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Old 03-14-2010, 01:02 PM   #6
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Old 03-14-2010, 01:09 PM   #7
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Originally Posted by bizlady View Post
We do not own a Kitchenaid- so that is out. I will check out the book- thanks!

Still hoping to hear from others--is homemade worth the effort?
IMO - not really with the exception of ravioli.

I just like the pasta shapes like penne - which are hard to do at home. And to me the dried pasta has a nice texture when cooked. The home pasta is just not quite as firm, and a lot more work. But you can make some really decent wide noodles.

Audrey
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Old 03-14-2010, 01:26 PM   #8
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Originally Posted by bizlady View Post
I am just a few months from retiring, and one of the things on my "to learn" list is to make pasta. I think I want an electric pasta maker, and one that is easy to clean.

For those of you that make pasta, can you share your tips and equipment suggestions? If you know of some great pasta recipe book, please share that too.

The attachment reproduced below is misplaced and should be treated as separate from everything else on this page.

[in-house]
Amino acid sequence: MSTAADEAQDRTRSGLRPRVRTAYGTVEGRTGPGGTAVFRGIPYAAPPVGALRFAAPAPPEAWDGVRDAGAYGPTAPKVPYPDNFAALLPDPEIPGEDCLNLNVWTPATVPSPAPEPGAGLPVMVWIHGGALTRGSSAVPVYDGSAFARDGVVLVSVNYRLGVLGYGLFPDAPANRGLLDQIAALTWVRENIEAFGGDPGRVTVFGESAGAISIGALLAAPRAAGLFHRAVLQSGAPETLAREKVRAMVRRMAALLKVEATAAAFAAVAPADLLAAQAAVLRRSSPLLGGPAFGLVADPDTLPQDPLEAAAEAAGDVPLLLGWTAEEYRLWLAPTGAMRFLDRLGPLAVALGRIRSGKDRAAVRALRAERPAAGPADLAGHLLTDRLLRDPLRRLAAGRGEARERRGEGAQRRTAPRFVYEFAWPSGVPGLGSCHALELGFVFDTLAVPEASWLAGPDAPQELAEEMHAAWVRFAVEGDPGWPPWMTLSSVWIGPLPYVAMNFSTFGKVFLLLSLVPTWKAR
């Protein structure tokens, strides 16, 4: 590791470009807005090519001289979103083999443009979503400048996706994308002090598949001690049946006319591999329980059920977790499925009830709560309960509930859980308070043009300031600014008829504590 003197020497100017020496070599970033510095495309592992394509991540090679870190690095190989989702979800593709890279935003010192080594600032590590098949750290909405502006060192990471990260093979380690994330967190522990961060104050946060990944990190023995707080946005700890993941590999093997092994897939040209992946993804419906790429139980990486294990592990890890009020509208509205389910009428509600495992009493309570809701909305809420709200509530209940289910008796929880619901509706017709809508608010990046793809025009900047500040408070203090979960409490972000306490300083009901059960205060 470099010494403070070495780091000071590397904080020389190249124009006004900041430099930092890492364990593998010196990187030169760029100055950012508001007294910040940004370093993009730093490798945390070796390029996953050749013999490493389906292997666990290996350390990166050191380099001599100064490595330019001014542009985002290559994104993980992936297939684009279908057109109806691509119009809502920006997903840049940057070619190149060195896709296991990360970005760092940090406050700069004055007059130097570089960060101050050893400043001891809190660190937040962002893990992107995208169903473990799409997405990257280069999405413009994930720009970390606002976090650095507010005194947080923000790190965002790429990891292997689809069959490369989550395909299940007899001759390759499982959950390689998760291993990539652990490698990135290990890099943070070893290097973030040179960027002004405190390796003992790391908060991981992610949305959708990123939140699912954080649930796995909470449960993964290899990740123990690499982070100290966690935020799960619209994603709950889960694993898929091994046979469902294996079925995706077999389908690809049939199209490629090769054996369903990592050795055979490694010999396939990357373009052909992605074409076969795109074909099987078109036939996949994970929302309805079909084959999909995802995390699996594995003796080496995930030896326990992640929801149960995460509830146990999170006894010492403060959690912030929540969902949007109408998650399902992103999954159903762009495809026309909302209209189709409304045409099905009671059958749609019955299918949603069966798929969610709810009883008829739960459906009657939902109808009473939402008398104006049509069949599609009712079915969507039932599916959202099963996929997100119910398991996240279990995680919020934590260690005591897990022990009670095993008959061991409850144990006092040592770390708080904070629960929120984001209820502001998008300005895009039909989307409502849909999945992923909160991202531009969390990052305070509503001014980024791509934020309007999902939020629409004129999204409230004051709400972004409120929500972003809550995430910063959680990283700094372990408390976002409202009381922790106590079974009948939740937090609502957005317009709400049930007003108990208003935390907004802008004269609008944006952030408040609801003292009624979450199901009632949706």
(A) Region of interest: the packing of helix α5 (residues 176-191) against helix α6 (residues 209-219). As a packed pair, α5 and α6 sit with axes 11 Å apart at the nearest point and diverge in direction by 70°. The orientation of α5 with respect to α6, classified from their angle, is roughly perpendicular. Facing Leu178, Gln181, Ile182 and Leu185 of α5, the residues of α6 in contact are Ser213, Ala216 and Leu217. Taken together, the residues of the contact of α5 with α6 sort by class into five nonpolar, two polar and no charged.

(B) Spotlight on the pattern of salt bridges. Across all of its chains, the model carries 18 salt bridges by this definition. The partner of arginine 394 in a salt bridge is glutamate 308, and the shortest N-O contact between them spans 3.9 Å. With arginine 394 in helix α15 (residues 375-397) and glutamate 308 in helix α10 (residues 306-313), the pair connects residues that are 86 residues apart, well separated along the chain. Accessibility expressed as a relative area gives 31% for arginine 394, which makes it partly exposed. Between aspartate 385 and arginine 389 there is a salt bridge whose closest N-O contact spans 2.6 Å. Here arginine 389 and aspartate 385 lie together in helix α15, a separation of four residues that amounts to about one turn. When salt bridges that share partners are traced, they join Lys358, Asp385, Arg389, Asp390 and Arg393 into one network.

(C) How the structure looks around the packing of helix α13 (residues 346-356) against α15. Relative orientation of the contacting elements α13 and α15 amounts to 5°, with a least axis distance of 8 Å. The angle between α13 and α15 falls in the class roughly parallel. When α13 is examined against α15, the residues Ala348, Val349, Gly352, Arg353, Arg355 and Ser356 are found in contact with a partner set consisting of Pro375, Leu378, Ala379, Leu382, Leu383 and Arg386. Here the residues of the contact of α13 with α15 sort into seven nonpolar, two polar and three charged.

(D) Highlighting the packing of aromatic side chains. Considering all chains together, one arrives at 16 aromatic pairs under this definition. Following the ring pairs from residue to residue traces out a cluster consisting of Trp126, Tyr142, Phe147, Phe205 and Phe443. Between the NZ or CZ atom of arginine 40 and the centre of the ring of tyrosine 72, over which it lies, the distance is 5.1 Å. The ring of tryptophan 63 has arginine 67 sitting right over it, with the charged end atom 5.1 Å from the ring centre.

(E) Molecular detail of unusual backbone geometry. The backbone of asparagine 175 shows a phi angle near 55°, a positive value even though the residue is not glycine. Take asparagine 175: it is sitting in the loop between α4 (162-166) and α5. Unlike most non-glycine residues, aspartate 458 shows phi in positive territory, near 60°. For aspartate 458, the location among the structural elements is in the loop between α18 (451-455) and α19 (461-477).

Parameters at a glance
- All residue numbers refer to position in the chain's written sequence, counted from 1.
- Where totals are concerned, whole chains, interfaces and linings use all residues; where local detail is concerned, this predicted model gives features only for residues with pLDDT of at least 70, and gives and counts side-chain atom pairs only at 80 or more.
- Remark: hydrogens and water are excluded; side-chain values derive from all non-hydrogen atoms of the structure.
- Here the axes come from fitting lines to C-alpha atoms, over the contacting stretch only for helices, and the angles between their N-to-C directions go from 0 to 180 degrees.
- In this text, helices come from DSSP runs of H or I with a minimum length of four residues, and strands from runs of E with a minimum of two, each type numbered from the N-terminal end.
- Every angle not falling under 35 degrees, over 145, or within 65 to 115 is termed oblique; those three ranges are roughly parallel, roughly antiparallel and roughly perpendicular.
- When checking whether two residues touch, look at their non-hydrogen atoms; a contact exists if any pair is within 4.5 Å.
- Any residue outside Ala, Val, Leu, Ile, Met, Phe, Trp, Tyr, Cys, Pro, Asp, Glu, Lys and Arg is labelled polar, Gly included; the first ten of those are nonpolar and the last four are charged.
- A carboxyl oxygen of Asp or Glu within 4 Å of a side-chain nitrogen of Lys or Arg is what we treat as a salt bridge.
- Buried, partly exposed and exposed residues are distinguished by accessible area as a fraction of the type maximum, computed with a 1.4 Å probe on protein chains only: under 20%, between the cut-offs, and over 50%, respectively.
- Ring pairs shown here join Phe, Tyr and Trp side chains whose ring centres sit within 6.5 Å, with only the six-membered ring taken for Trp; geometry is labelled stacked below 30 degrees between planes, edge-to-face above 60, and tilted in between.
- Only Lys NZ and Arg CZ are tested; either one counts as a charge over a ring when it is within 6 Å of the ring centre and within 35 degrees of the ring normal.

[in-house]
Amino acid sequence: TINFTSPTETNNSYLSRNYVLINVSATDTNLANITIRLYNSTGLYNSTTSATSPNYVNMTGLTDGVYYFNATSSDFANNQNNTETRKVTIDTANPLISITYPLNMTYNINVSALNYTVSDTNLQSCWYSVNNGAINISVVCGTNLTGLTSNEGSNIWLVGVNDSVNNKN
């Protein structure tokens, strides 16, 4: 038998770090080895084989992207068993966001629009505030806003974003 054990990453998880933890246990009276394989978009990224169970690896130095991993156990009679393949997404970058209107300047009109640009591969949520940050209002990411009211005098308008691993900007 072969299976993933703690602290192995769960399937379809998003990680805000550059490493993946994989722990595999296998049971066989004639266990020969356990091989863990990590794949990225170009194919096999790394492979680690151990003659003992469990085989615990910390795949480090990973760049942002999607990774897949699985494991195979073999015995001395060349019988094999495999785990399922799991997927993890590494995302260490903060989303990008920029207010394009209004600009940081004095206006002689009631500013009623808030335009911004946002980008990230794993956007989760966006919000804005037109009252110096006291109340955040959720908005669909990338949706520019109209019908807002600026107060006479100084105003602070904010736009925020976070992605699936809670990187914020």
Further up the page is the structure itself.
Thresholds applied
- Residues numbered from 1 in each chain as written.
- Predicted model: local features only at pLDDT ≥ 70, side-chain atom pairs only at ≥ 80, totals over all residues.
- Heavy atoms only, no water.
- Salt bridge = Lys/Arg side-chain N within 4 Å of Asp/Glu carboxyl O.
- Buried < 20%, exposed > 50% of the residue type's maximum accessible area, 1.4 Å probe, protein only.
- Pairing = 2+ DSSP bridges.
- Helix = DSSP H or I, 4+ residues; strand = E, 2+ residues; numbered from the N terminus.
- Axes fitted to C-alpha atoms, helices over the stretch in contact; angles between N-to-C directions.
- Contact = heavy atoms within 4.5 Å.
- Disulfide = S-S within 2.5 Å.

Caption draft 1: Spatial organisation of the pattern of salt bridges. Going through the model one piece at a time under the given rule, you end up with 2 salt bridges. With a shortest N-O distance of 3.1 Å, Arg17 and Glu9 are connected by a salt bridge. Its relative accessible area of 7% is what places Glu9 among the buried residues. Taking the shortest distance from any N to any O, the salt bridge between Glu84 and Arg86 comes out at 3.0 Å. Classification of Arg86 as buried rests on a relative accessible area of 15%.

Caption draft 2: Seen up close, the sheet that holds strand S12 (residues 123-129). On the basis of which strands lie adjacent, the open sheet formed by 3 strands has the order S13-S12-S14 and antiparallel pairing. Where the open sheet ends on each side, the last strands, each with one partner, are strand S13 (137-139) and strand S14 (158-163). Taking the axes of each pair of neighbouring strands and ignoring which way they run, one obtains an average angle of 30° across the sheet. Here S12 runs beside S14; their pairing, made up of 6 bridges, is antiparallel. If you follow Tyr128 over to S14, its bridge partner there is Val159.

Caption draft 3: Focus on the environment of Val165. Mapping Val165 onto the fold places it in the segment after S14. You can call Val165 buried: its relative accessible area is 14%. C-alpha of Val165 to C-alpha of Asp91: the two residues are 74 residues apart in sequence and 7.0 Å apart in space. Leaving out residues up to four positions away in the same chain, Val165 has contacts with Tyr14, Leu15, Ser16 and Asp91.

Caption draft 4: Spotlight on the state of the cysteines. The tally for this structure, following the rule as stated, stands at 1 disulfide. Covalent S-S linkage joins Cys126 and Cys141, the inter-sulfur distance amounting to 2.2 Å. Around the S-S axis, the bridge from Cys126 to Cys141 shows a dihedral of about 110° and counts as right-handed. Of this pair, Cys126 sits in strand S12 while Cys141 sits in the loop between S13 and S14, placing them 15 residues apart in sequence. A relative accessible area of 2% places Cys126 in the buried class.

I have a easy dough recipe I got from my mother:
2 cups white flour (I will sometimesmix in 2/3 cup wheat flour for different flavor)
2 eggs
2 tablspoons olive oil
water to get to desired consistency (wheat flour neds slightly more).

Kneed into a ball, wrap in plastic wrap and let rest in frige for half an hour.

I have a manual pasta maker to get the sheets of dough flattened out. However, to prepare the pasta, I will lay the sheet of dough out on a floured surface, flour the dough well, and then roll up(like a cinnimon roll). Using a very sharp knife, I will then cut the pasta into the desired thickness strips. Taking the strips, I lightly shake off the excess flour and then will lay they out on a sheet to dry out a bit before cooking.

For making raviolli, I recomend this:
Ravioli Maker, Makes Ten 2 1/2" Squares, Ravioli Makers & Cutters

Couple tips I learned the hard way: If the raviolli dough is too dry, the sheetswill not stick together and they will come apart when cooking. Also, don't boil too aggressively or the same thing can happen. However, it does freeze well (before cooking) and this allows it to cook evenly without falling apart